Or will likely ever produce -- it's just awfully hard to imagine a single writer who revolutionizes one genre (horror), creates another (mystery fiction), and does A-list work in four more (science fiction, satire, humor, and hoax), while also adding substantially to the poetic canon and re-inventing literary criticism. (Maybe this year I'll get a copy of the Complete Essays to go with the Complete Poems and Tales.)
The great thing about Poe is not just his polymathic talent (and I haven't even covered his cryptographical, philosophical, or scientific work, which is considerably better than mere dilettantism) but the way all his manias and wonders seem to fit together, clues in some great Dupinesque puzzle, characters in a big Gold-Buggy cipher. His mysteries are "studies of ratiocination," like the codes and the SF, but his SF uses the same symbolic language as his horror, which implies (as does, say, Eureka) that the two are both sides of the same coin of understanding, which coin might better be expressed as something akin to "initiation" or "mysticism" or "illumination." Poe is his own great chain of being, his own Palace of Memory (stalked by the Red Death, or imploding into the tarn as it may be), which is itself a code to ratiocinative processes.
And then, as you're getting ready to take it all too seriously, there is the cosmic joke that is Poe's life story -- a humor as black and bleak as "Hop-Frog" or "Metzengerstein." The father of mysteries dies of unknown causes after a three-day disappearance; the ratiocinator and critic willingly embraces Lethe and Nepenthe. The poet inspired by "the death of a beautiful woman" has a life haunted by his young wife's death; the would-be Southern aristocrat must become a New York money-grubber; the hoaxer and student of revenge has his reputation ruined by his own literary executor's posthumous lies; the great exponent of unified effect leaves his only novel unfinished. (Or is it? I re-read Pym for my Weird Tales column on Antarctica, and I begin to strongly suspect that the "unfinished" ending is exactly how Poe intends the work to end.)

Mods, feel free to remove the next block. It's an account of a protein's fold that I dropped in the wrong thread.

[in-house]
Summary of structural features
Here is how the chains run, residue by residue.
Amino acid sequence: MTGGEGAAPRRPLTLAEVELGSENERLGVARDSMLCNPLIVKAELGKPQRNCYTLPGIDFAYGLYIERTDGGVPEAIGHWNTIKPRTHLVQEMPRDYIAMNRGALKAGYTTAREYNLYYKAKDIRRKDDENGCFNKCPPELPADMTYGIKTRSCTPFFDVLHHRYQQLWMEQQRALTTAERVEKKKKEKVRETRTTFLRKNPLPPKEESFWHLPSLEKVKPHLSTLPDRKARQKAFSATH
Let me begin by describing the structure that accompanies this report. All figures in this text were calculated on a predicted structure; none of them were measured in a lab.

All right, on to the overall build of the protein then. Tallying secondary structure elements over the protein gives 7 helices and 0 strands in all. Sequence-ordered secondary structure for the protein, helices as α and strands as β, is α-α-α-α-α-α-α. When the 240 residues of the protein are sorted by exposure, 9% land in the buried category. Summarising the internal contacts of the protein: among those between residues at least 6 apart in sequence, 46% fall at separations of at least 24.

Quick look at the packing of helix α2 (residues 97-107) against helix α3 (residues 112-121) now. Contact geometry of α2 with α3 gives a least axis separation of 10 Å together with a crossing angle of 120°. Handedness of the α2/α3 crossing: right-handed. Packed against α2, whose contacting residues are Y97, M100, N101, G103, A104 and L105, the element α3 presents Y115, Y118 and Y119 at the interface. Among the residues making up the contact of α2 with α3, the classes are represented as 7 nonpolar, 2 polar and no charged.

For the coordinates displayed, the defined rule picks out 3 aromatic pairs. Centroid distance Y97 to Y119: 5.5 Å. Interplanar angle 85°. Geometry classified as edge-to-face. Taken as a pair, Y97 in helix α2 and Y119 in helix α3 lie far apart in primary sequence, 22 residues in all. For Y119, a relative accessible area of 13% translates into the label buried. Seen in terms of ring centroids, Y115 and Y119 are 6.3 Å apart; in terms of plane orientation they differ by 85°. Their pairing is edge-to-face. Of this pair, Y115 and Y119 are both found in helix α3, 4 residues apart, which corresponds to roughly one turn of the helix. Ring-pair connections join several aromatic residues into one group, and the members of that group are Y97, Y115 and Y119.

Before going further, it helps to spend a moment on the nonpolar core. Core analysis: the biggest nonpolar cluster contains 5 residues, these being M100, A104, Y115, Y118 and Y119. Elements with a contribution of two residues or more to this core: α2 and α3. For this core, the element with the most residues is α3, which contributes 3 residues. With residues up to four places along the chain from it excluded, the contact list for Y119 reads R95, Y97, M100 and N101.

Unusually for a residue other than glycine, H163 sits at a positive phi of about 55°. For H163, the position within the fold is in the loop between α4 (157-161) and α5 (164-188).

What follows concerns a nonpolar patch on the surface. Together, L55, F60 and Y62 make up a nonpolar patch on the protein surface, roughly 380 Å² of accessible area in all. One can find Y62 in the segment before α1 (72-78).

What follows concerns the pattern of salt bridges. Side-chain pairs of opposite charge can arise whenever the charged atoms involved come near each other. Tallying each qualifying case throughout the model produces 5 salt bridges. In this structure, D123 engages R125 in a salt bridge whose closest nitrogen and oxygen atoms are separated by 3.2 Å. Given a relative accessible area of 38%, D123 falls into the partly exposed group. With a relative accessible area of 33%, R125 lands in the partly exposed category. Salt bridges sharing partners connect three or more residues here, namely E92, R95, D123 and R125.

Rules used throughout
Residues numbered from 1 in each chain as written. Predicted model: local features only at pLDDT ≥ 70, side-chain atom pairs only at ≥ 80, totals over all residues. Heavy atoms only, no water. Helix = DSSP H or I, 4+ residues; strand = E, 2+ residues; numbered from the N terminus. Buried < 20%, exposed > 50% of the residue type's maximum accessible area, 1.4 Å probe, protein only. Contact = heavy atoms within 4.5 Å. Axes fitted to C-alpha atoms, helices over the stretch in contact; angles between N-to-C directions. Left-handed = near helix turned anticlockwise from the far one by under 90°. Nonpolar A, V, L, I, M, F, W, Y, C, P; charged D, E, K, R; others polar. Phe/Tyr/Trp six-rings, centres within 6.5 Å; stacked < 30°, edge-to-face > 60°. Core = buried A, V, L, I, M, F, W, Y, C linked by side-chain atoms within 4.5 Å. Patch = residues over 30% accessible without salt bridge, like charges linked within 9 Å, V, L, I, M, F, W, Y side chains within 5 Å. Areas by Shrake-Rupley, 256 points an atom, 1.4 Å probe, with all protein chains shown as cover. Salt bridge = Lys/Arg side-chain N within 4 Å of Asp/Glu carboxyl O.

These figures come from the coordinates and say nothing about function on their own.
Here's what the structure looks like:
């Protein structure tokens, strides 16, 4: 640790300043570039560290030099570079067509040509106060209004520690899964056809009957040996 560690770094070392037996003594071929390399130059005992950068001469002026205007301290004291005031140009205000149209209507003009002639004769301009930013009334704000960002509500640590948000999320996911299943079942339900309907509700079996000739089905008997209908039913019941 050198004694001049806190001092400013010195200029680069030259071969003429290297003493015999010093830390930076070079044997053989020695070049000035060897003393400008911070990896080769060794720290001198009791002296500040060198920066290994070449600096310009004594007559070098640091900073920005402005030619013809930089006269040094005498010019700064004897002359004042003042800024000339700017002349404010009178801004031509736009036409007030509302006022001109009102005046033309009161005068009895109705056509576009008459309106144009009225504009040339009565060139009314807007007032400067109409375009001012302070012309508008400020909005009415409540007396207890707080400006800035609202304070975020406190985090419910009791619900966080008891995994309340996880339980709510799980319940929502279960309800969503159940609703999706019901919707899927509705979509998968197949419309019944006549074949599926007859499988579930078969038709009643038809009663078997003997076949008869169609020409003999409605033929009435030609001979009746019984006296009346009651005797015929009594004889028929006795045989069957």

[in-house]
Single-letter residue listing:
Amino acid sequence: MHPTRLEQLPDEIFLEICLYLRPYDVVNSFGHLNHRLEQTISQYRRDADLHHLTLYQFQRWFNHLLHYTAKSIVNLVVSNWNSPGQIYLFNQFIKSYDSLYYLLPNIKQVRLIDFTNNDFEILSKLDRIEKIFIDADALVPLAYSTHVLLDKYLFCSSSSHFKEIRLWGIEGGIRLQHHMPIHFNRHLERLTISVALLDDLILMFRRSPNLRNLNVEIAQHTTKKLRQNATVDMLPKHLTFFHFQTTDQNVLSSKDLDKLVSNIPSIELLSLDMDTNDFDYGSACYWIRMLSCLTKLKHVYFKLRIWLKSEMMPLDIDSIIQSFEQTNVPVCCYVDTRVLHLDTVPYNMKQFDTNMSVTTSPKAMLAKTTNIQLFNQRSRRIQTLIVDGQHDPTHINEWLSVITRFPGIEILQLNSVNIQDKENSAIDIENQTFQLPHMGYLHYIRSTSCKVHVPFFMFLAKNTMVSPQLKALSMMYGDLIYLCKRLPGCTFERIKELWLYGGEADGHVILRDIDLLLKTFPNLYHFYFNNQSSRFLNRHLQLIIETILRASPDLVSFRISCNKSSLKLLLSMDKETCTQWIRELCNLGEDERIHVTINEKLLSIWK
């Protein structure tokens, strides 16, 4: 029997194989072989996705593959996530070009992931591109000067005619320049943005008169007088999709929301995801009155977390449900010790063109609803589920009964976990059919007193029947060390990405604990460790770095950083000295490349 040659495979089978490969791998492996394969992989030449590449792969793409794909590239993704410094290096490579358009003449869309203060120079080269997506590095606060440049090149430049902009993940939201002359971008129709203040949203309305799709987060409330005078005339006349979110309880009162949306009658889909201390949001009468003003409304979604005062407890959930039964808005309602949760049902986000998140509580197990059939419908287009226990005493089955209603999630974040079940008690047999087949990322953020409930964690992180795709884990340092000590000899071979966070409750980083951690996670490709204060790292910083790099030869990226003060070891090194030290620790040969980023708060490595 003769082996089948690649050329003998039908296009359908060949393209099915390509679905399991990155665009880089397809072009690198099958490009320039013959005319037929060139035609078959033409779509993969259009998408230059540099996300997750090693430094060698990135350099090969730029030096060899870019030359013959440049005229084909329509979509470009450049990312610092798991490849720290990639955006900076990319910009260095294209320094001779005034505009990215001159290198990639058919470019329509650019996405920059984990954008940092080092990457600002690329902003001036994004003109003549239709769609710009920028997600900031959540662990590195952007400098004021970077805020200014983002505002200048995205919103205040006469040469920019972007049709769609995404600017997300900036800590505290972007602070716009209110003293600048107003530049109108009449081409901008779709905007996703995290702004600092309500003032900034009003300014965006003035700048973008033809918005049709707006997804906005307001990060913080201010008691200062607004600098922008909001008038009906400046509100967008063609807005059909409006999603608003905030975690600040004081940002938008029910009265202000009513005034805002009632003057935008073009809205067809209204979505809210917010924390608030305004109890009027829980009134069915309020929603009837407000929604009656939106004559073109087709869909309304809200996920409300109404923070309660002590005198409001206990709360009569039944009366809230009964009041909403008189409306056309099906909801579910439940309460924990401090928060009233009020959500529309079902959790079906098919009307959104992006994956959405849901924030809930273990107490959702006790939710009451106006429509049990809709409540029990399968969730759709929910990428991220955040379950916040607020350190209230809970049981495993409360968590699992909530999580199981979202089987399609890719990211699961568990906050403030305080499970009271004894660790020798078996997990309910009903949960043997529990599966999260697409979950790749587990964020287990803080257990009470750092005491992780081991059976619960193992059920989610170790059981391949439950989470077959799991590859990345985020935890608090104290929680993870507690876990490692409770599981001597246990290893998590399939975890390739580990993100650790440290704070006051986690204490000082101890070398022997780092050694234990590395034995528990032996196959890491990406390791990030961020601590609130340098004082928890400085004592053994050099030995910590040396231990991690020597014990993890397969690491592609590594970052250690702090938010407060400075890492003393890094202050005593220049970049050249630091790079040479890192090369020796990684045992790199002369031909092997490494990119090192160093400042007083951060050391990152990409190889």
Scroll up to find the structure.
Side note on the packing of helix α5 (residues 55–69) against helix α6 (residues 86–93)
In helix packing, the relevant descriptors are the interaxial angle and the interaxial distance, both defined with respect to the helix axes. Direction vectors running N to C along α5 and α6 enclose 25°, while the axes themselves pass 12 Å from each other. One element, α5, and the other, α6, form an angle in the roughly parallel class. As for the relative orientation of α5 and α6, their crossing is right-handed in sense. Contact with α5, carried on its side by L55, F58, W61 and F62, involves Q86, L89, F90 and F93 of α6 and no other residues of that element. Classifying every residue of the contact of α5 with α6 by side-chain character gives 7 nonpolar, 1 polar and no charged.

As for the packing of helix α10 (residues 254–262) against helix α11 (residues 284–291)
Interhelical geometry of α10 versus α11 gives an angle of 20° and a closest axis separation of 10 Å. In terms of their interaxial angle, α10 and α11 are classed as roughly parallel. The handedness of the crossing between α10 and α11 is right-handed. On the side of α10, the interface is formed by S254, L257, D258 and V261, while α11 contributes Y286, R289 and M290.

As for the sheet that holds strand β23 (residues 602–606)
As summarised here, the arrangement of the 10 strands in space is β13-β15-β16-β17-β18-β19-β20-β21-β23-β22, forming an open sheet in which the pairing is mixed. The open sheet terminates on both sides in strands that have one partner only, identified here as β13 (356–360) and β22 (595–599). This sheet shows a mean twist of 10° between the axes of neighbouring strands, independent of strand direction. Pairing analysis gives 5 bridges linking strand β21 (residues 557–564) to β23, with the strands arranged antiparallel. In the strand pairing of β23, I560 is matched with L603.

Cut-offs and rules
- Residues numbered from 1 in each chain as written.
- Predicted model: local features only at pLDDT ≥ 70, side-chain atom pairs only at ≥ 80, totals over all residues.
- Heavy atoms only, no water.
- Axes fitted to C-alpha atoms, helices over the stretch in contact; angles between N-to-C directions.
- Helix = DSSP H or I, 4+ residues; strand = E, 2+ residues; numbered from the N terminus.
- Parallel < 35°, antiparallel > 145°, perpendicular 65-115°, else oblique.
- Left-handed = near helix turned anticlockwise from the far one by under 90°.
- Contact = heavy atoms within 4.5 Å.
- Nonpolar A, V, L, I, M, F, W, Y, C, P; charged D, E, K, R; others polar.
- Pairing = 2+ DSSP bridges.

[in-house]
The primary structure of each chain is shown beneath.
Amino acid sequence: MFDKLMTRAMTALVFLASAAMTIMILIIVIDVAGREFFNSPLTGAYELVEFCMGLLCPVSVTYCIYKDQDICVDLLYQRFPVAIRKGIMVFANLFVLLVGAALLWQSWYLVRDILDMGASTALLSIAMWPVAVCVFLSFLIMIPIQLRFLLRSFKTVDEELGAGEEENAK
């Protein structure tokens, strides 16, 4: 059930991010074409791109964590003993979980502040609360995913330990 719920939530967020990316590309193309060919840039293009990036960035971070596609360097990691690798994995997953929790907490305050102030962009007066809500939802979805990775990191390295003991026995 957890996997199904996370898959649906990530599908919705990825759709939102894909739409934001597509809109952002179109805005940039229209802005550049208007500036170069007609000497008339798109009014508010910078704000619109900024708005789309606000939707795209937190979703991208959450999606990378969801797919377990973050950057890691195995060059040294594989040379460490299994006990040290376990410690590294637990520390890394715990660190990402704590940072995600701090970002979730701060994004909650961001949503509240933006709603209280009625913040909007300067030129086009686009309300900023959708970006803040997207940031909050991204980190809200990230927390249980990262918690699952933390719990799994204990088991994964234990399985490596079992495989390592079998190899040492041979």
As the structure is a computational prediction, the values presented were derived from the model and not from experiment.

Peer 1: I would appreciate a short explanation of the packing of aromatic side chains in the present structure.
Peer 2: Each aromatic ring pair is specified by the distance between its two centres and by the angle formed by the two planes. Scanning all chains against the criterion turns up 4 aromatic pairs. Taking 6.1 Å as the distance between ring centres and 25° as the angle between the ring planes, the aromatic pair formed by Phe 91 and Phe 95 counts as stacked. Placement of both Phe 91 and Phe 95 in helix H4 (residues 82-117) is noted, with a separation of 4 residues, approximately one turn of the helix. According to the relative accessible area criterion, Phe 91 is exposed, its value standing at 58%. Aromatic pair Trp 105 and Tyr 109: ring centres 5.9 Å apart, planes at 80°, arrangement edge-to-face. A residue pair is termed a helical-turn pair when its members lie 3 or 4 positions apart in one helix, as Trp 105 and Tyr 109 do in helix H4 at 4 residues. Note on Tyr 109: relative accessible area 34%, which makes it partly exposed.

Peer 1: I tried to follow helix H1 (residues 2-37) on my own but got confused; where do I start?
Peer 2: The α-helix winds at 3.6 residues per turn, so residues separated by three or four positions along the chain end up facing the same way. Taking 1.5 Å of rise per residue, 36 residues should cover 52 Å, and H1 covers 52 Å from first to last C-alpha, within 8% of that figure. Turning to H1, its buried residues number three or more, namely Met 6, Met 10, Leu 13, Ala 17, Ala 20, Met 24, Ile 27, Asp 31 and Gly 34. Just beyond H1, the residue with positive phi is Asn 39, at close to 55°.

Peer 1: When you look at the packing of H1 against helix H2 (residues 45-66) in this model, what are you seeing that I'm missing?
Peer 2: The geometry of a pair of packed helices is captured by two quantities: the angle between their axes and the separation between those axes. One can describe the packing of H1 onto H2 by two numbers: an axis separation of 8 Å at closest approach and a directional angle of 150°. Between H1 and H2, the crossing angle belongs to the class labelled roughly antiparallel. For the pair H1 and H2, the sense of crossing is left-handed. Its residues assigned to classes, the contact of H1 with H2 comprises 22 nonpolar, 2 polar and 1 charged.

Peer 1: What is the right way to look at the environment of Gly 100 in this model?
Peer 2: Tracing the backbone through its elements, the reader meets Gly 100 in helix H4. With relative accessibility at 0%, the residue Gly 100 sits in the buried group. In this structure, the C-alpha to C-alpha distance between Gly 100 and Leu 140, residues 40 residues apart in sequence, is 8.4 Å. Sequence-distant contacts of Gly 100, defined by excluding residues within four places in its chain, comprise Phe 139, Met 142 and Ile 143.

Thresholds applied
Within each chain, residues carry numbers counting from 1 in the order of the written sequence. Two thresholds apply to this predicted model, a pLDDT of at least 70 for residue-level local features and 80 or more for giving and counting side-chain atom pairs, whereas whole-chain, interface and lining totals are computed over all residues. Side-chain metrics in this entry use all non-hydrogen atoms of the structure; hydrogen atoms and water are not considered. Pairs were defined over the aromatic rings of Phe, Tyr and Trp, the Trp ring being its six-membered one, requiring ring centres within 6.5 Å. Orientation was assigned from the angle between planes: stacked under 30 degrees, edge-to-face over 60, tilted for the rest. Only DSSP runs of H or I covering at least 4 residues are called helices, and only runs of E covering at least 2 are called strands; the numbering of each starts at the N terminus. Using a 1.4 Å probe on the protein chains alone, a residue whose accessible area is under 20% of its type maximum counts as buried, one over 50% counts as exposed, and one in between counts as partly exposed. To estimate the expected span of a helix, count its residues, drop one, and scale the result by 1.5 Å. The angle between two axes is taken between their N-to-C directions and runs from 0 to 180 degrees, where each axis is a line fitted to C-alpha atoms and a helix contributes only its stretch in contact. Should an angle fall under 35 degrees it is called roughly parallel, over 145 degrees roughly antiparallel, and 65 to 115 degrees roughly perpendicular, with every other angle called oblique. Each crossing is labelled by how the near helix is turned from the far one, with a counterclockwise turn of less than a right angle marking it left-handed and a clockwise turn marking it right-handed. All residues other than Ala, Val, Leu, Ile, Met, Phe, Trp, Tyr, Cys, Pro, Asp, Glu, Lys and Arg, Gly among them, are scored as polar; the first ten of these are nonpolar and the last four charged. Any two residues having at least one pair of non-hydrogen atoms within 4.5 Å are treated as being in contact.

Poe is not "his own greatest creation" -- most of the various "Edgar A. Poe"s that he tried to create were one or another type of vainglorious, over-dramatizing stiff. The actual Poe is, it seems to me, the unwitting hero of a Poe story ("the play is the tragedy, Man") who denies his own fate while you watch it rush upon him. In his shudder-tales, Poe intends (among other things) for the reader to respond to the tale like a hypochondriac studying a medical text -- every symptom that appears in the narrator triggers an uncomfortable recognition (real or illusory) in the reader. As you read a Poe story, you increasingly fall into the trap Poe lays for you -- you wind up doubting the rationality of anyone who claims that the story is unreal. "I do not dream! I am not mad!" says the narrator. And you respond by gleefully falling into the folie a deux. Every reader of Poe is like the traveler listening to Roderick Usher -- and then listening with Roderick Usher.
It's all descents into the Maelstrom; grab a barrel and hang on until you die.